Yet for all the money that charter school proponents spent on the 2015 Los Angeles school board elections, the Broad Plan continues to be vigorously opposed by the education community. Last January all seven board members, including its two pro-charter members, voted to go on the record as opposing the plan. One of those no votes came from Ref Rodriguez, the beneficiary of $2 million of CCSA largess. Rodriguez says it is impractical and unrealistic to believe that the charter school community could expand so much in Los Angeles and still maintain high standards.

"I'm not a proponent of the plan," he says. "It's just not possible."


The Walton Family: America’s New Robber Barons

The Walton Family: America's New Robber Barons

The Walton Family: America's New Robber Barons

Walmart's ruling family, the Waltons, has more wealth than 42% of American families combined.

The Walton family is the richest family in the United States, with more wealth than Bill Gates and Warren Buffett combined. The Waltons' wealth comes from their inherited, controlling stake in Walmart. While Walmart workers live in poverty, the Waltons rake in billions every year from the company.

And the Waltons just keep getting richer.

Since 2007, while millions of Americans were having their homes confiscated and jobs eliminated, the fortune of the six Waltons on the Forbes 400 list has more than doubled to an astounding $148.8 billion.

The Waltons have these riches thanks to the hard work of their own employees and all of us taxpayers. Based on recent estimates, taxpayers subsidize Walmart as much as $3 billion per year.[1] Instead of paying workers enough to survive, the Waltons take billions from Walmart every year, while driving their workers on to food stamps and other public assistance.

Unlike their employees, the Waltons reap billions from Walmart every year.

Three Waltons—Rob, Jim, and Alice (all children of Walmart founder Sam Walton)—own over 50% of outstanding Walmart shares. This fiscal year, Rob, Jim, and Alice (and the various entities that they control) will receive an estimated $3.16 billion in Walmart dividends on those shares.

If Sam Walton's dependents actually worked for their Walmart dividend checks this year, they would be handed $1.5 million every hour. Meanwhile, Walmart workers get an average of $8.81 per hour and are routinely denied full-time work.[2]

Amid concerns about the fiscal cliff in December 2012, Walmart moved up the final dividend payout of its fiscal year from January 2013 to December 2012 to avoid a possible increase in the tax rate on dividends. As the company's largest and wealthiest shareholders, the Waltons were the biggest beneficiaries of the move.

Most Walmart workers can only dream of making $25,000 in a year. Meanwhile, the Waltons get $25,000 per minute from their Walmart dividends alone.

The Waltons can certainly afford to do better by their workers and the American taxpayers who subsidize their profit-at-any-cost model, but they continue to choose not to.

The Waltons, using their their investment income alone, could fund a permanent $10,000 wage increase for the 1 million hourly store associates whose work generates Walmart's profits.[3]

Updated 3/5/14

[1] A May 2013 report by the Democratic staff of the U.S. House Committee on Education and the Workforce estimated a taxpayer cost of $3,015 per Walmart employee because of Walmart workers' reliance on taxpayer funded programs. To arrive at the $3 billion figure, we simply multiplied the $3,015 estimate by roughly 1 million retail employees.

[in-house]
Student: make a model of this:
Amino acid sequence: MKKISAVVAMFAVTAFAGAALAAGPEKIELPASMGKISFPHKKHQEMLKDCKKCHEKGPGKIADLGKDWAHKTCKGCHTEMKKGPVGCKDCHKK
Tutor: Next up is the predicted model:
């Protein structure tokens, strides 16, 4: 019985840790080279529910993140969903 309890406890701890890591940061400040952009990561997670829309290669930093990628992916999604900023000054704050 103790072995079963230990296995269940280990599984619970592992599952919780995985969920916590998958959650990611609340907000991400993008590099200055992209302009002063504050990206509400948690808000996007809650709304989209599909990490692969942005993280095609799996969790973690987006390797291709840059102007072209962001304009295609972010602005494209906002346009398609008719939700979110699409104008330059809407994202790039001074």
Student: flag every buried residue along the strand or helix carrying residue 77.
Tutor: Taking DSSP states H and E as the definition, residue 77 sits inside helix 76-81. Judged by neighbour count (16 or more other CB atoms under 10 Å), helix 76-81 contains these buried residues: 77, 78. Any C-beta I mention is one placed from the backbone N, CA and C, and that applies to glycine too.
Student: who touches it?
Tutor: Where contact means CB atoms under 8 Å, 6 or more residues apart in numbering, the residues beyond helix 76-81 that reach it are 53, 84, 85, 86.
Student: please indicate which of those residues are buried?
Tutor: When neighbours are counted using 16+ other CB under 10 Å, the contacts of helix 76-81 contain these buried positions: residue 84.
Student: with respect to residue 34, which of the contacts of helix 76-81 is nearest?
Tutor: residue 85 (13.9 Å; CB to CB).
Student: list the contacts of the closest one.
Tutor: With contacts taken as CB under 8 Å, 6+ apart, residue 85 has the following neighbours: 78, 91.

[2] Sam Walton's dependents include his children Alice, Rob, and Jim, as well as Christy, who is the widow of his late son John. This calculation is based on share ownership data from Walmart's 2014 filings and Walmart's declared FY 2015 dividend of $1.92 per share (see here).

[3] According to a Forbes analysis of their large holdings in public companies, the combined fortune of the six heirs to Walmart founders Sam and Bud Walton stands at $148.8 billion (the six heirs are Alice, Jim, Rob and Christy Walton, Nancy Walton Laurie, and Anne Walton Kroenke). Assuming a 7% rate of return on their fortune, the Waltons would receive more than $10 billion annually. From 2003-2012, the rate of return on the S&P 500 has been just above 7%; the long-run rate of return is closer to 10%.


Wednesday, May 18, 2016

N.C. school board member Chuck Hughes says LGBT people weren't target of pepper spray policy.

N.C. school board member Chuck Hughes says LGBT people weren't target of pepper spray policy.

The N.C. School Board Member Behind the Pepper Spray Policy Says LGBT People Weren't His Concern

Not aimed at LGBT people!

George Doyle / Thinkstock

When news broke earlier this week that North Carolina's Rowan–Salisbury Board of Education had voted to allow students to carry pepper spray on campus—seemingly under the logic, as one board member intimated, that they might need it to protect themselves from trans people in bathrooms—it looked like the vigilante gender police state was arriving faster than I had feared. (Well, an invigorated one anyway—plenty of trans and gender–nonconforming people have lived under a version of it forever.) Appropriately, progressive-leaning media and activists threw a spotlight on the story, covering it as yet another sad step of the formerly enlightened Southern state down the slope of bigoted ignominy.

J. Bryan Lowder J. Bryan Lowder

J. Bryan Lowder is a Slate associate editor. He covers life, culture, and LGBTQ issues.